How to find c?

  • Alan Turing (1912–1954)

    Formulated the concept of algorithm and computation on a Turing machine

  • Turing machine: Basic model of computation

  • Basic facts about TM

    • A Turing machine (TM) is defined by a set of instructions. • Not every input has an output, and different inputs may have the

    same output. • Different TMs may perform the same task. • We can “code” a problem into a TM.

    Example: A TM that on input a, b, c

    Outputs “1” if ax2 + bx + c = 0 has a real number solution

    Outputs “0” otherwise.

  • Basic facts about TM

    • A Turing machine (TM) is defined by a set of instructions.

    • Not every input has an output, and different inputs may have the same output.

    • Different TMs may perform the same task. • We can “code” a problem into a TM.

    Example: A TM that on input a, b, c

    Outputs “1” if ax2 + bx + c = 0 has a real number solution

    Outputs “0” otherwise.

  • Basic facts about TM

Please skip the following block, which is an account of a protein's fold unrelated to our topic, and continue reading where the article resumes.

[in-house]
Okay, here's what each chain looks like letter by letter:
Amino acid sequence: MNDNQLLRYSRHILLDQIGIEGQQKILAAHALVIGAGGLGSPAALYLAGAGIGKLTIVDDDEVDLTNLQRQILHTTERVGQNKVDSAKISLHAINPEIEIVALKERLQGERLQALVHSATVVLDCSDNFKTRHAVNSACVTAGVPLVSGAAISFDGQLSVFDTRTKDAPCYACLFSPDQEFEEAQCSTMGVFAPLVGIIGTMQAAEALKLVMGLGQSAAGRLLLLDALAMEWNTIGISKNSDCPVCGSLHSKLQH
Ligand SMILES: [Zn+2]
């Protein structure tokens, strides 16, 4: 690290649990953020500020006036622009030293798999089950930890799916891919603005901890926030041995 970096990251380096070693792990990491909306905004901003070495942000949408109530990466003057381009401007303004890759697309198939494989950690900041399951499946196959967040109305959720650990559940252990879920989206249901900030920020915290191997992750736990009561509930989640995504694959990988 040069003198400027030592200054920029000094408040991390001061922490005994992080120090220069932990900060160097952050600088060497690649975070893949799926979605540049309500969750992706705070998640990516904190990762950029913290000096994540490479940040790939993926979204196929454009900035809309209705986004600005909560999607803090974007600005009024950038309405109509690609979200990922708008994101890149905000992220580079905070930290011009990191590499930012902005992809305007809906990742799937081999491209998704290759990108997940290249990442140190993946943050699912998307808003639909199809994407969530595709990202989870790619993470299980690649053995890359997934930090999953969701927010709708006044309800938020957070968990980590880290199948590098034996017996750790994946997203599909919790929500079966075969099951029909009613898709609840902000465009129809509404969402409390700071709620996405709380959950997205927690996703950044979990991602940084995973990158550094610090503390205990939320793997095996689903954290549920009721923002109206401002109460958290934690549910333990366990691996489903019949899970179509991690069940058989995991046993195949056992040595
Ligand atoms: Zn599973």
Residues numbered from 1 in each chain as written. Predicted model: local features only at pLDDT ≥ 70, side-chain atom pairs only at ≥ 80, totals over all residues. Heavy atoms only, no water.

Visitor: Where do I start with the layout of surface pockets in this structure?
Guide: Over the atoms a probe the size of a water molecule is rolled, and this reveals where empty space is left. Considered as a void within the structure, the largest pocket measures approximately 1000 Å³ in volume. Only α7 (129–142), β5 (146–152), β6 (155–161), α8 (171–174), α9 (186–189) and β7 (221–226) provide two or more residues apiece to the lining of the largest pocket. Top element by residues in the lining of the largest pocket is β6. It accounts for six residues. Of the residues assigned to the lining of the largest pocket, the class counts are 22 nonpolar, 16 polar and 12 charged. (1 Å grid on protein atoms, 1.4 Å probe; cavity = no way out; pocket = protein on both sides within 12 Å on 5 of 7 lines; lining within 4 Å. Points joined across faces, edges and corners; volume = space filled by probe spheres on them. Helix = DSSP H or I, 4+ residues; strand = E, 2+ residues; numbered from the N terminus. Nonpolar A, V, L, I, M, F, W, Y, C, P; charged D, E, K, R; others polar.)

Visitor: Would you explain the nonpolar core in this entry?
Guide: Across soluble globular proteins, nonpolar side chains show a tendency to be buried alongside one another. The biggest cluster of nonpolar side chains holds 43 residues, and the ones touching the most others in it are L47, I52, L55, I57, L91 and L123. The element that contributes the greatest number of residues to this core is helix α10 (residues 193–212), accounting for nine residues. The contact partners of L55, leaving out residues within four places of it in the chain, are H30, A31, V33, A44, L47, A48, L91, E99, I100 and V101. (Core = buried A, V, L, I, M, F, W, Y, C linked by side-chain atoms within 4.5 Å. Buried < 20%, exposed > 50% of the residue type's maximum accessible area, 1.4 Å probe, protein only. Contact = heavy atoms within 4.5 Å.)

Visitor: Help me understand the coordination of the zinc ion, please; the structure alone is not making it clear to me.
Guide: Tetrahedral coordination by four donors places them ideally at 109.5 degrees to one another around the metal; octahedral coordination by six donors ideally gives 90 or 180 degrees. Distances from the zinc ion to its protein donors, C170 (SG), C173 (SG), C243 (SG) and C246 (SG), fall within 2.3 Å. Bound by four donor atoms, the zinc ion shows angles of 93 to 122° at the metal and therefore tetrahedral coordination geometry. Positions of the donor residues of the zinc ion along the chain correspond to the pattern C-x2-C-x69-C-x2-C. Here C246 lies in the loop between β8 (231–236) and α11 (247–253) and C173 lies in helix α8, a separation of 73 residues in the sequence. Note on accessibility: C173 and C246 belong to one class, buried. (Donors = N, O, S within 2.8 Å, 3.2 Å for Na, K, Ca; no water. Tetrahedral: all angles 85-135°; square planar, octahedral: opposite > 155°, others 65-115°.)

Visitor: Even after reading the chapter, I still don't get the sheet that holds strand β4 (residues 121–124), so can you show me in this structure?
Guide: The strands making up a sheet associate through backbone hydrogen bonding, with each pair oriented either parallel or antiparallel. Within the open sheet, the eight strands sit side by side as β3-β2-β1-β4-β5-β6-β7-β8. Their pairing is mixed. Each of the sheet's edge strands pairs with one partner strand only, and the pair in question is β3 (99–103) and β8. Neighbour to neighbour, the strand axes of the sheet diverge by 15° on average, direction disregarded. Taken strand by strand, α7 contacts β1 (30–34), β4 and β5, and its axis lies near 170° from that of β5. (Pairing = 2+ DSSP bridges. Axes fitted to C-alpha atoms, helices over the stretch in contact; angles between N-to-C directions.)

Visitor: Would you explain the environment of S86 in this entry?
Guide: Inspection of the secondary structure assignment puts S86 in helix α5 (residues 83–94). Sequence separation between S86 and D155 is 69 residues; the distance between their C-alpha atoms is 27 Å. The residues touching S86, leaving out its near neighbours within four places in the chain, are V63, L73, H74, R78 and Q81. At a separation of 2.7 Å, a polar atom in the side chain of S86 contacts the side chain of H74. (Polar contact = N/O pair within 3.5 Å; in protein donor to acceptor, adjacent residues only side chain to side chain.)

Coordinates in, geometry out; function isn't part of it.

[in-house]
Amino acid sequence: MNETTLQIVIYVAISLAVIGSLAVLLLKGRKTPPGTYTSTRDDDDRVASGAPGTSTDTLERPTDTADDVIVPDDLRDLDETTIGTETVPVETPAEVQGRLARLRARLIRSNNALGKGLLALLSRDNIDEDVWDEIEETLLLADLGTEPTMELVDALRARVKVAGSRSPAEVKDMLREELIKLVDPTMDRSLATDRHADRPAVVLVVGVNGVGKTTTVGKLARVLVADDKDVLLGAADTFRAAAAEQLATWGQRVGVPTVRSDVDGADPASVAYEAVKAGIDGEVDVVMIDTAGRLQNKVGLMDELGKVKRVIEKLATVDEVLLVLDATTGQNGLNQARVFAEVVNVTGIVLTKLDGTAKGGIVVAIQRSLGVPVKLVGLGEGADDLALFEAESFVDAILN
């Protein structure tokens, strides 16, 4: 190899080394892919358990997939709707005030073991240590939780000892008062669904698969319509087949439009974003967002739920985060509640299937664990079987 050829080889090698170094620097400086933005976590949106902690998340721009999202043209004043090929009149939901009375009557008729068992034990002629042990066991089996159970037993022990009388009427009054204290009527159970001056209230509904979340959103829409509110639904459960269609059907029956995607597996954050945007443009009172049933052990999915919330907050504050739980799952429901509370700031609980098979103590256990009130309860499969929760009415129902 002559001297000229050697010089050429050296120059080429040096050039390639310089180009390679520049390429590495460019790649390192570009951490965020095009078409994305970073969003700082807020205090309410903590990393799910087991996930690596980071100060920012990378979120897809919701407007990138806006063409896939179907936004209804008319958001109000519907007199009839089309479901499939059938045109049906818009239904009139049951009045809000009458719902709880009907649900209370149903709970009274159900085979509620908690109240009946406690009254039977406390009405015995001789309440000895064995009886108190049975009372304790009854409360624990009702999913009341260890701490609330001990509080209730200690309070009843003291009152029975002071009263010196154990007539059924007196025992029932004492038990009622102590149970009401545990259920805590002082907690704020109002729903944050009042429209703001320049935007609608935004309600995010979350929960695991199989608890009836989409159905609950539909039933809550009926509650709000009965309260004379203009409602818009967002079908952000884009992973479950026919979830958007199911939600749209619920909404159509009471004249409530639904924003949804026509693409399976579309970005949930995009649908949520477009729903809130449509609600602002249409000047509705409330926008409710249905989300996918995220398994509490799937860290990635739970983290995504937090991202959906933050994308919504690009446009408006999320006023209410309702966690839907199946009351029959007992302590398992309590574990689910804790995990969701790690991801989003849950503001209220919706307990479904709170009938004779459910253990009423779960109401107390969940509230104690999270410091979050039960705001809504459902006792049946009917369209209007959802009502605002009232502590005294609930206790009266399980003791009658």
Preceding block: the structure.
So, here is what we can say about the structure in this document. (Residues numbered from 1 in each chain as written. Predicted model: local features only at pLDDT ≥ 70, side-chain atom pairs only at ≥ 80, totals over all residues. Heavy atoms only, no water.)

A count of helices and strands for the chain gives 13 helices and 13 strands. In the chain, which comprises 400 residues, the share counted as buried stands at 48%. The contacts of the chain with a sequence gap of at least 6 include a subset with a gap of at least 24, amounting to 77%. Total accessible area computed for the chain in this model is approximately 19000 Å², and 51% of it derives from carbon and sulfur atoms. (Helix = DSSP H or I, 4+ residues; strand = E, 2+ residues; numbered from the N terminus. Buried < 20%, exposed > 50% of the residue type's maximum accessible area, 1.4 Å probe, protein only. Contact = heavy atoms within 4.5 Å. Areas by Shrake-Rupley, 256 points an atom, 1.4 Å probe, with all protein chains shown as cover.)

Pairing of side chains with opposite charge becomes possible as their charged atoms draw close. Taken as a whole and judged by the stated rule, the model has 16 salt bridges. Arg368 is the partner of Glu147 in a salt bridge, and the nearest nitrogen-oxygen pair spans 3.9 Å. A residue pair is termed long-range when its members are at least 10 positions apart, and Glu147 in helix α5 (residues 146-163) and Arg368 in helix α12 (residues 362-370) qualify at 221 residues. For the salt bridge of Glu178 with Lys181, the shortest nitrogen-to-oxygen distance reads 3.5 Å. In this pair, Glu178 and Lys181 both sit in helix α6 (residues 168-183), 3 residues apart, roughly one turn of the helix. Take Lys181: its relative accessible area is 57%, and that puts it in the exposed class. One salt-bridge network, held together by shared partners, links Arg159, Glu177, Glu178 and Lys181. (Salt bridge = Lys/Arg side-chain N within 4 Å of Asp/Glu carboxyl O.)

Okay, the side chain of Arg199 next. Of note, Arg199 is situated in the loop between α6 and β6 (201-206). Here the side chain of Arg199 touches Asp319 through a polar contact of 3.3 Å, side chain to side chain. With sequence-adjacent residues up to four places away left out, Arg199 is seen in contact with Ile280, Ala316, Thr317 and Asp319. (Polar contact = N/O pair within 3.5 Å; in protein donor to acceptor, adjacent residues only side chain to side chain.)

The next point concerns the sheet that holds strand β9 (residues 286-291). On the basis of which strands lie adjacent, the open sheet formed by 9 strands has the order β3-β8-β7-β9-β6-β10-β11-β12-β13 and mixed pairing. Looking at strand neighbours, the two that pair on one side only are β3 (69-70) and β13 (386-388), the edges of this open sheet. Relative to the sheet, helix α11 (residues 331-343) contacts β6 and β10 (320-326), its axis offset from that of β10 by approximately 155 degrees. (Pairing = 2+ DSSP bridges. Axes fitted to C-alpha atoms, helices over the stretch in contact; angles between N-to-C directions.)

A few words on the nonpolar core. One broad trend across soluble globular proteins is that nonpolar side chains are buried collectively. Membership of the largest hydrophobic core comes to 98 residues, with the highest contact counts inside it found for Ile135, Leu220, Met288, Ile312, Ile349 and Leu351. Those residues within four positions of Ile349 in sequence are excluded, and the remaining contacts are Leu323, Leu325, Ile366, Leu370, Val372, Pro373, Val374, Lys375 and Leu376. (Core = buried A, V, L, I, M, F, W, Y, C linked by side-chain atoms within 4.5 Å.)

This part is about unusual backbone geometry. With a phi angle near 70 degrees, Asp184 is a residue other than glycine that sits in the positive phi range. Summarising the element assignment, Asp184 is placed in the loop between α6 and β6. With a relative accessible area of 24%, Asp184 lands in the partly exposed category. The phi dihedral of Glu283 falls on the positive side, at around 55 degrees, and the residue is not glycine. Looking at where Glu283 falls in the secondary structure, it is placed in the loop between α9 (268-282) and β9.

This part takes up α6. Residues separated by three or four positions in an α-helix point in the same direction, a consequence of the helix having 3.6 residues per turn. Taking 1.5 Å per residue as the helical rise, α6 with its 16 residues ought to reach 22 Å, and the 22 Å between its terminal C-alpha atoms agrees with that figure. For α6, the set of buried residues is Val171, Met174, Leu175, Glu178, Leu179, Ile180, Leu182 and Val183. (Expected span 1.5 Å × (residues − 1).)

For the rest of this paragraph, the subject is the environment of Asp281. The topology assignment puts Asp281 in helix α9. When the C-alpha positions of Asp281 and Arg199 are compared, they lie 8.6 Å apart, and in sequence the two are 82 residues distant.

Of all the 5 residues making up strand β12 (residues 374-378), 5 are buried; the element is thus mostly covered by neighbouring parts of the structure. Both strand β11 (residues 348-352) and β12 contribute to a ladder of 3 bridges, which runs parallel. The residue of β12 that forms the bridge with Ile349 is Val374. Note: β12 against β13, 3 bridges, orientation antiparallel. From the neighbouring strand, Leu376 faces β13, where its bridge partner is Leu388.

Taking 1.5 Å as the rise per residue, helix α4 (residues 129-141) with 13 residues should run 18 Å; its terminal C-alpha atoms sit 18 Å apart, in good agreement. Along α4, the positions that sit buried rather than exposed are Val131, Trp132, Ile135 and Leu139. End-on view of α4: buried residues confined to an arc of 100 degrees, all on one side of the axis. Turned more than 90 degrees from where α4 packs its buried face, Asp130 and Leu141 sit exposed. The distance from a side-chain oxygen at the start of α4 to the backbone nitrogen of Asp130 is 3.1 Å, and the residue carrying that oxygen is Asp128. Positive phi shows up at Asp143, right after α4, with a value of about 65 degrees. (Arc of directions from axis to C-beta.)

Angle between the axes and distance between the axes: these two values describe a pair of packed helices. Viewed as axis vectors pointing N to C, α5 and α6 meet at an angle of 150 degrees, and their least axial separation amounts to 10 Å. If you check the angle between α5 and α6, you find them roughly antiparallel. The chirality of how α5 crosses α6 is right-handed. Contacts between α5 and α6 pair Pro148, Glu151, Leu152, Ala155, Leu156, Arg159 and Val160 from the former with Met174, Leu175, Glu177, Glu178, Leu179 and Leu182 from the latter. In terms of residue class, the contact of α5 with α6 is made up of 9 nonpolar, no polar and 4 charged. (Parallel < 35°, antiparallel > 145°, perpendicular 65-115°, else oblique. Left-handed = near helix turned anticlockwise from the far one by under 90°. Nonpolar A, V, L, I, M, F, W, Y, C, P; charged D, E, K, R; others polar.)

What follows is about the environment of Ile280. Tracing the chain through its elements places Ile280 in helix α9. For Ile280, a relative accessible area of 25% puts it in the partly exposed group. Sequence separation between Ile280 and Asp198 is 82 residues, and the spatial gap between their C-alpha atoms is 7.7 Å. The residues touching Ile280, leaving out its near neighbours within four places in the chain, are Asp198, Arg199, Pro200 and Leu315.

• A Turing machine (TM) is defined by a set of instructions. • Not every input has an output, and different inputs may have the

    same output.

    • Different TMs may perform the same task. • We can “code” a problem into a TM.

    Example: A TM that on input a, b, c

    Outputs “1” if ax2 + bx + c = 0 has a real number solution

    Outputs “0” otherwise.

  • Basic facts about TM

    • A Turing machine (TM) is defined by a set of instructions. • Not every input has an output, and different inputs may have the

    same output. • Different TMs may perform the same task.

    • We can “code” a problem into a TM. Example: A TM that on input a, b, c

    Outputs “1” if ax2 + bx + c = 0 has a real number solution

    Outputs “0” otherwise.

  • Basic facts